No-self care.

My last post failed to deliver the punchline.  I didn’t connect my closing thoughts about patience, forbearance, and forgiveness with the broader lesson of the sutta about the two acrobats, where I had begun.

Looking at forbearing or forgiving more as “clearing away some of the hard feelings, dislike, and confusion we have,” I became focused on “the irony that the more we focus on getting our own self straight, the less of a self we have to be smug about.”  And stopped.  In truth, however, this mode of practicing forgiveness is another example of the sutta’s teaching that we can take care of ourselves by taking care of others, and of others by taking care of ourselves.

Just as forgiving can be a way to care for others by factoring self out of the equation, so too does the sutta’s method of self-care (“practice, meditation, and continuous practice”) lead to no-self.  As the Buddha told Bahiya, through practicing meditation we learn how to experience “… in what is seen … only what is seen, in what is heard … only what is heard, in what is sensed … only what is sensed, in what is cognized … only what is cognized,”  When that happens

Bāhiya, you will not be with that; and since, Bāhiya, you will not be with that, therefore, Bāhiya, you will not be in that; and since, Bāhiya, you will not be in that, therefore, Bāhiya, you will not be here or hereafter or in between the two—just this is the end of suffering. Udāna 1.10

As I thought more about this idea of no-self caring, I was reminded of a practice that had helped me in the final months of Laura’s life.  I had gone on family leave and was spending all my time and energy on caring for my dying wife and our teenage daughter.  Any self-congratulatory feelings were brought up short by one of Tricycle magazine’s Daily Dharma emails with a quote from Ezra Bayda’s article on “The Helper Syndrome.”  I put each of his questions on a separate line to give myself a checklist.

Do we need to be seen as a helper?
Do we need to feel and believe that we are, in fact, a helper?
Do we need to see people as benefiting from our help?
Or do we serve in order to be seen as a worthy person?
Are we helping out of a sense of “should”?
Can we see how attached we are to our self-image, our identity?
Who would be we without it?
What hole are we trying to fill with it?
How are we trying to avoid the insecurity of groundlessness?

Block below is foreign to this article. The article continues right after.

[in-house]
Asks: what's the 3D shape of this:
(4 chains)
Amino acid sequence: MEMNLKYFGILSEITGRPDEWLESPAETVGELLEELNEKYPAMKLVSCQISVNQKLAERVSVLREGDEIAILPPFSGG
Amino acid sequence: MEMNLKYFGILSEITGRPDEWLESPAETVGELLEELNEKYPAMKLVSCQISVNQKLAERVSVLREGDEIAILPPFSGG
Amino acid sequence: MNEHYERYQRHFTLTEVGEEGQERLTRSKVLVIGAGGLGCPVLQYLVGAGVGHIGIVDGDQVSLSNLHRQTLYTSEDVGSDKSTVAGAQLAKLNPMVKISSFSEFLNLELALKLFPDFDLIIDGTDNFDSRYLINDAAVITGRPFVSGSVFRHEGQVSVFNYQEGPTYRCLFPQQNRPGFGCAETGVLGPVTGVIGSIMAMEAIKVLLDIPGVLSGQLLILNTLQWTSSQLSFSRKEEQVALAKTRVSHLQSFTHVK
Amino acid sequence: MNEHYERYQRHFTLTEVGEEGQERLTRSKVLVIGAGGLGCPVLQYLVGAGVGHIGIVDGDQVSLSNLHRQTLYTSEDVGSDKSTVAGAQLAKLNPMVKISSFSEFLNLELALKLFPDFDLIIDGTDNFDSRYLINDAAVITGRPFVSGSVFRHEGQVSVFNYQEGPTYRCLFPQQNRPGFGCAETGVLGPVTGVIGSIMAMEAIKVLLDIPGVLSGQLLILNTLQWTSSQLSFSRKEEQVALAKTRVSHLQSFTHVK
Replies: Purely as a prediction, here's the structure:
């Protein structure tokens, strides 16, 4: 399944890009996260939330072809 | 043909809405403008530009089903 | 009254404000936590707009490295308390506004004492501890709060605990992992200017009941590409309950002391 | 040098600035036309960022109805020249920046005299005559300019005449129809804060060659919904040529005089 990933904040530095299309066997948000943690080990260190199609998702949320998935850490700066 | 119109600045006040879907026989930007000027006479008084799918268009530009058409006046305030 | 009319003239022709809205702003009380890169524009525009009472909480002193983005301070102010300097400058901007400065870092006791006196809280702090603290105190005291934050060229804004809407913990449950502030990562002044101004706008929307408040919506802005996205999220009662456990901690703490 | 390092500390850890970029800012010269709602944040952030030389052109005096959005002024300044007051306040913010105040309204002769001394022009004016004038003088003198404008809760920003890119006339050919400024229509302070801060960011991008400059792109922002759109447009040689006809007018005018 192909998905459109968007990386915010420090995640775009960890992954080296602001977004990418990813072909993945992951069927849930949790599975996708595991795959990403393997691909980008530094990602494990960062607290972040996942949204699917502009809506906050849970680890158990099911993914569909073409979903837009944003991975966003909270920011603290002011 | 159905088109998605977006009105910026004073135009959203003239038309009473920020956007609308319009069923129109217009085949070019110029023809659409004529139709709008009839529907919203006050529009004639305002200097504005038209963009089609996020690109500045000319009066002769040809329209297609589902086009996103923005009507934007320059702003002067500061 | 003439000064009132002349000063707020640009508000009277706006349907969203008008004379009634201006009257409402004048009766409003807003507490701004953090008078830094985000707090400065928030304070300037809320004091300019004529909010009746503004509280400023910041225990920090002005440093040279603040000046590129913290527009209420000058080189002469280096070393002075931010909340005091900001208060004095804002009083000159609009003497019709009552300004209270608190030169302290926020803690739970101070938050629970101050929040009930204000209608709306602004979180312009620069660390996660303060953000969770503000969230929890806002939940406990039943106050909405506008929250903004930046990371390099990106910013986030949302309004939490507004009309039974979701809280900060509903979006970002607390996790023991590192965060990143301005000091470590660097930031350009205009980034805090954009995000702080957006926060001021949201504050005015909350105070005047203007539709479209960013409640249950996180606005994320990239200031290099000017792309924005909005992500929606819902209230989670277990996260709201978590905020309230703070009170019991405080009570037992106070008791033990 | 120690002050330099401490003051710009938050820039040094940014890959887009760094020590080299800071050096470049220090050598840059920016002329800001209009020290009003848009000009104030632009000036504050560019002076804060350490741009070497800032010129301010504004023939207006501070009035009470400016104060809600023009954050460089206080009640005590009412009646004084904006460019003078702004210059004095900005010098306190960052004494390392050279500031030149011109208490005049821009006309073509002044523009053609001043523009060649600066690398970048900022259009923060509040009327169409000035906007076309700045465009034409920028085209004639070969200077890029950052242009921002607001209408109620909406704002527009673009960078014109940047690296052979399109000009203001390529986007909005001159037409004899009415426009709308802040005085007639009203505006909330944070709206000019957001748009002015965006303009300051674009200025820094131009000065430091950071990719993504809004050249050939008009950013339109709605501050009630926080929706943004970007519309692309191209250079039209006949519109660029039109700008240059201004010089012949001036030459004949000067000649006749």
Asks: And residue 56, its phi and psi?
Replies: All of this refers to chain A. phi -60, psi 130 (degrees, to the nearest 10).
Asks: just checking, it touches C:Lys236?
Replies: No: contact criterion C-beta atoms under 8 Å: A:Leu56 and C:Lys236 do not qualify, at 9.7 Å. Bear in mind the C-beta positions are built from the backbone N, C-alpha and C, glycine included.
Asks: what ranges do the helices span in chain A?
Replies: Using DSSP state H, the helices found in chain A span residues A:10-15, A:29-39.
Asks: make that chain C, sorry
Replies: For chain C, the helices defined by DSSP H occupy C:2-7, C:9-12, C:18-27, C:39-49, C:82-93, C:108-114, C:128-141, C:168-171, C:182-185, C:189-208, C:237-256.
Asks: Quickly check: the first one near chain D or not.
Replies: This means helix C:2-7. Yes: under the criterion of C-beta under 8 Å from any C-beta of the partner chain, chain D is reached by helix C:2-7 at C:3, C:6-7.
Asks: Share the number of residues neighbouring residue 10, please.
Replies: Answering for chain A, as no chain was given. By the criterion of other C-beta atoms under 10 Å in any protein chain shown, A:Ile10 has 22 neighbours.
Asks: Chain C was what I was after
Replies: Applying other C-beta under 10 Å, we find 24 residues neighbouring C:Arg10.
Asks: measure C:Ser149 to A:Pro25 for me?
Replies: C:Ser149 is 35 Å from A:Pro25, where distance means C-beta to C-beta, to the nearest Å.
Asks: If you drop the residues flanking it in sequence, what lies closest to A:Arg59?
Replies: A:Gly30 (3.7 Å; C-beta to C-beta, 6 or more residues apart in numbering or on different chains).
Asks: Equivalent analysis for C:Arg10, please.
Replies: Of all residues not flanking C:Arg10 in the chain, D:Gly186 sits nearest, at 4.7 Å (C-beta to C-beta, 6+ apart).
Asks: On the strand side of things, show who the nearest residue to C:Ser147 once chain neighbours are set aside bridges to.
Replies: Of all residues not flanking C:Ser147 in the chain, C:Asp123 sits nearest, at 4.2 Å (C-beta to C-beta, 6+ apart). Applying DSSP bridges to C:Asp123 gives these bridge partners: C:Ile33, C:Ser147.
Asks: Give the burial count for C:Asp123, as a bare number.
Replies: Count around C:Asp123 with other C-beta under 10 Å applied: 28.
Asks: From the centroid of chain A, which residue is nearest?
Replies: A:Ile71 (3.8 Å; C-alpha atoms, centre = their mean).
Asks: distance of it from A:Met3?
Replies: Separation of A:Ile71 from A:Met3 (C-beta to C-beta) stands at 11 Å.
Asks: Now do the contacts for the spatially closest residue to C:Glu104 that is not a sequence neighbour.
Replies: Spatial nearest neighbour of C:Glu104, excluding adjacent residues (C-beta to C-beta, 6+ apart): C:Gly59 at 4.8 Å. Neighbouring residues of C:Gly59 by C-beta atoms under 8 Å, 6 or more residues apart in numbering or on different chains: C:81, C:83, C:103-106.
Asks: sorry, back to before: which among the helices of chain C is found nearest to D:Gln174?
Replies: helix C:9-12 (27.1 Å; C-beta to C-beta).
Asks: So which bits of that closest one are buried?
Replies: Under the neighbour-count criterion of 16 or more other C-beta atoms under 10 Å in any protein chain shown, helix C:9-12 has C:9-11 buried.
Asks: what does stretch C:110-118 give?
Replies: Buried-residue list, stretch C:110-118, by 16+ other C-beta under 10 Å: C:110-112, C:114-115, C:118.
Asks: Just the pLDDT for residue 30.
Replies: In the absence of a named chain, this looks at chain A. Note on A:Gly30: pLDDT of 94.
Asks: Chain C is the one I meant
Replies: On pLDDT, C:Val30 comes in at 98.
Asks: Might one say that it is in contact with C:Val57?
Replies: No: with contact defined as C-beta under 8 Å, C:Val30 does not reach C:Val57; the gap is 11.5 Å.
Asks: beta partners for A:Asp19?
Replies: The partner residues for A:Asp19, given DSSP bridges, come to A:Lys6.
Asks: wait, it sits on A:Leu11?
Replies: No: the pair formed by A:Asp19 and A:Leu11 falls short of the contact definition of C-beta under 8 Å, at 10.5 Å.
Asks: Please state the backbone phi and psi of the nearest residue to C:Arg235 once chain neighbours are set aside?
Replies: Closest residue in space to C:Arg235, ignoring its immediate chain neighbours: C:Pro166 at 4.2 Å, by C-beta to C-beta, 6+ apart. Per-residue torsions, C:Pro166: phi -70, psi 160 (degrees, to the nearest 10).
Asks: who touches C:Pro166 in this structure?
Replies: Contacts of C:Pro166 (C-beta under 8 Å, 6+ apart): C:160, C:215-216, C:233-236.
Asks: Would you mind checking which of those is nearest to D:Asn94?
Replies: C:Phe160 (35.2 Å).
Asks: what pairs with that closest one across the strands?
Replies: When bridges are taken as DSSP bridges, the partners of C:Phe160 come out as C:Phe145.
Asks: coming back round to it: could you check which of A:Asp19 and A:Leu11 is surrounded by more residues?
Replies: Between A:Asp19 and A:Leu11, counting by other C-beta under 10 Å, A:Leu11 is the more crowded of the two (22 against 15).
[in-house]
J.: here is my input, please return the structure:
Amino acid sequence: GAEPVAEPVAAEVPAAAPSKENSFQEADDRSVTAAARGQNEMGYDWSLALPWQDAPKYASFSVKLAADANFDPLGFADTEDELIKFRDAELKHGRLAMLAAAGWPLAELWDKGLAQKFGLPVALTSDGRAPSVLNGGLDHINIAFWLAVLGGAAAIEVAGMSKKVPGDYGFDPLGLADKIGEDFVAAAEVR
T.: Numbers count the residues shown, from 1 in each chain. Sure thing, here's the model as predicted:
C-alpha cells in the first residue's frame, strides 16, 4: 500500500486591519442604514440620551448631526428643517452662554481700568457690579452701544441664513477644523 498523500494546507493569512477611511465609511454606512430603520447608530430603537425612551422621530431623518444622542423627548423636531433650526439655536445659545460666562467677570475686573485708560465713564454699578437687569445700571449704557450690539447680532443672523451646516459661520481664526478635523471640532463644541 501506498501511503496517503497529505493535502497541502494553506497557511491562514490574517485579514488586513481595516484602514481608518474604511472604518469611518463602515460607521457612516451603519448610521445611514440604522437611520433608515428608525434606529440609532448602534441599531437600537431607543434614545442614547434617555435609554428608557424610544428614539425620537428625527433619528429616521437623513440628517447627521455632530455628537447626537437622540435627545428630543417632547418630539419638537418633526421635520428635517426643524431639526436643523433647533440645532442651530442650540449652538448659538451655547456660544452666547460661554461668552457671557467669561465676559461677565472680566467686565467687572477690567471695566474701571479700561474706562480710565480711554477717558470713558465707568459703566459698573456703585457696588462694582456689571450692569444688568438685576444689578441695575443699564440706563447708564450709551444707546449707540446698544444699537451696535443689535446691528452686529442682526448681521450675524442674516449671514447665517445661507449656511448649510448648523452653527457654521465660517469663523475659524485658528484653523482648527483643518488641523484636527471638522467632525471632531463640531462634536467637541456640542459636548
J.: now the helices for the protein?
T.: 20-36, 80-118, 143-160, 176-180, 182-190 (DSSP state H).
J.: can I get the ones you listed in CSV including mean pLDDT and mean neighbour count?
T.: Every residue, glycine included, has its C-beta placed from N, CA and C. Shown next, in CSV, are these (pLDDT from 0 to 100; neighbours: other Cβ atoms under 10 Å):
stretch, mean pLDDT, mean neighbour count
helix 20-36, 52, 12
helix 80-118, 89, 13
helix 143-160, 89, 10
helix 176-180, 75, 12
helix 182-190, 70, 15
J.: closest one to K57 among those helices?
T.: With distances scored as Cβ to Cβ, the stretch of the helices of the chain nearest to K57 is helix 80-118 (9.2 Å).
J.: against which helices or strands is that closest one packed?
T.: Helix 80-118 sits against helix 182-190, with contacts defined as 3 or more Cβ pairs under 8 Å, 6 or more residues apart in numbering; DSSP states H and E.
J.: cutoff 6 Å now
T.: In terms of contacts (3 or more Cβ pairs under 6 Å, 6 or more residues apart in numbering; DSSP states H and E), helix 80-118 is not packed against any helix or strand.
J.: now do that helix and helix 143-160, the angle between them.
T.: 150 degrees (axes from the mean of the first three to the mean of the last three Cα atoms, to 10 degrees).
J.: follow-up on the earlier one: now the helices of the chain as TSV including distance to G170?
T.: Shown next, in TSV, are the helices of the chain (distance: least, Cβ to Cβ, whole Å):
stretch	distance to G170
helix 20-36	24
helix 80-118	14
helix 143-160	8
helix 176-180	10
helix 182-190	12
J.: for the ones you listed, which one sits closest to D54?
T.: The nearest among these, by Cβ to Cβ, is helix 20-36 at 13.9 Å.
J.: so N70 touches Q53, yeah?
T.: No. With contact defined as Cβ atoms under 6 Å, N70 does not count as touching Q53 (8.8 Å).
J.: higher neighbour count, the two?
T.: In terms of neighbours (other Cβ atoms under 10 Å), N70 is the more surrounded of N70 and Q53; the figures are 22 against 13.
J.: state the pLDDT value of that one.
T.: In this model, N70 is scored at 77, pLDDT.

After my last post, it occurred to me that these questions can be asked along with some of the practices currently popular among Western Buddhists.  I had quoted the Bahiya sutta before as an alternative to contemporary “feel good” Buddhism. Now, it seems to me that Bayda’s questions can be used to help do some of these popular practices without the me-myself-and-I.

Take “gratitude,” for instance.

Do we need to be seen as a having gratitude?
Do we need to feel and believe that we have, in fact, gratitude?
Do we need to see people as benefiting from our gratitude?
Or do we have gratitude in order to be seen as a worthy person?
Are we feeling gratitude out of a sense of “should”?
Can we see how attached we are to our self-image, our identity?
Who would be we without it?
What hole are we trying to fill with it?
How are we trying to avoid the insecurity of groundlessness?

Or, the ever-popular “self-compassion.”

Do we need to be seen as having self-compassion?
Do we need to feel and believe that we have, in fact, self-compassion?
Do we need to see ourselves as benefiting from our compassion?
Or do we feel self-compassion in order to be seen as a worthy person?
Are we feeling self-compassion out of a sense of “should”?
Can we see how attached we are to our self-image, our identity?
Who would be we without it?
What hole are we trying to fill with it?
How are we trying to avoid the insecurity of groundlessness?

Just as Bayda’s original questions were antidotes to my desires for sainthood, these variations could be used as antidotes to some of the tendencies I find in contemporary practices.  I had promised a dharma-buddy that I would move on from my criticisms of me-myself-and-I “feel good” practices and write about some actual ways we can practice no-self caring.  My last post reflecting on the “two acrobats” sutta and this one are just down-payments on that promise.

 

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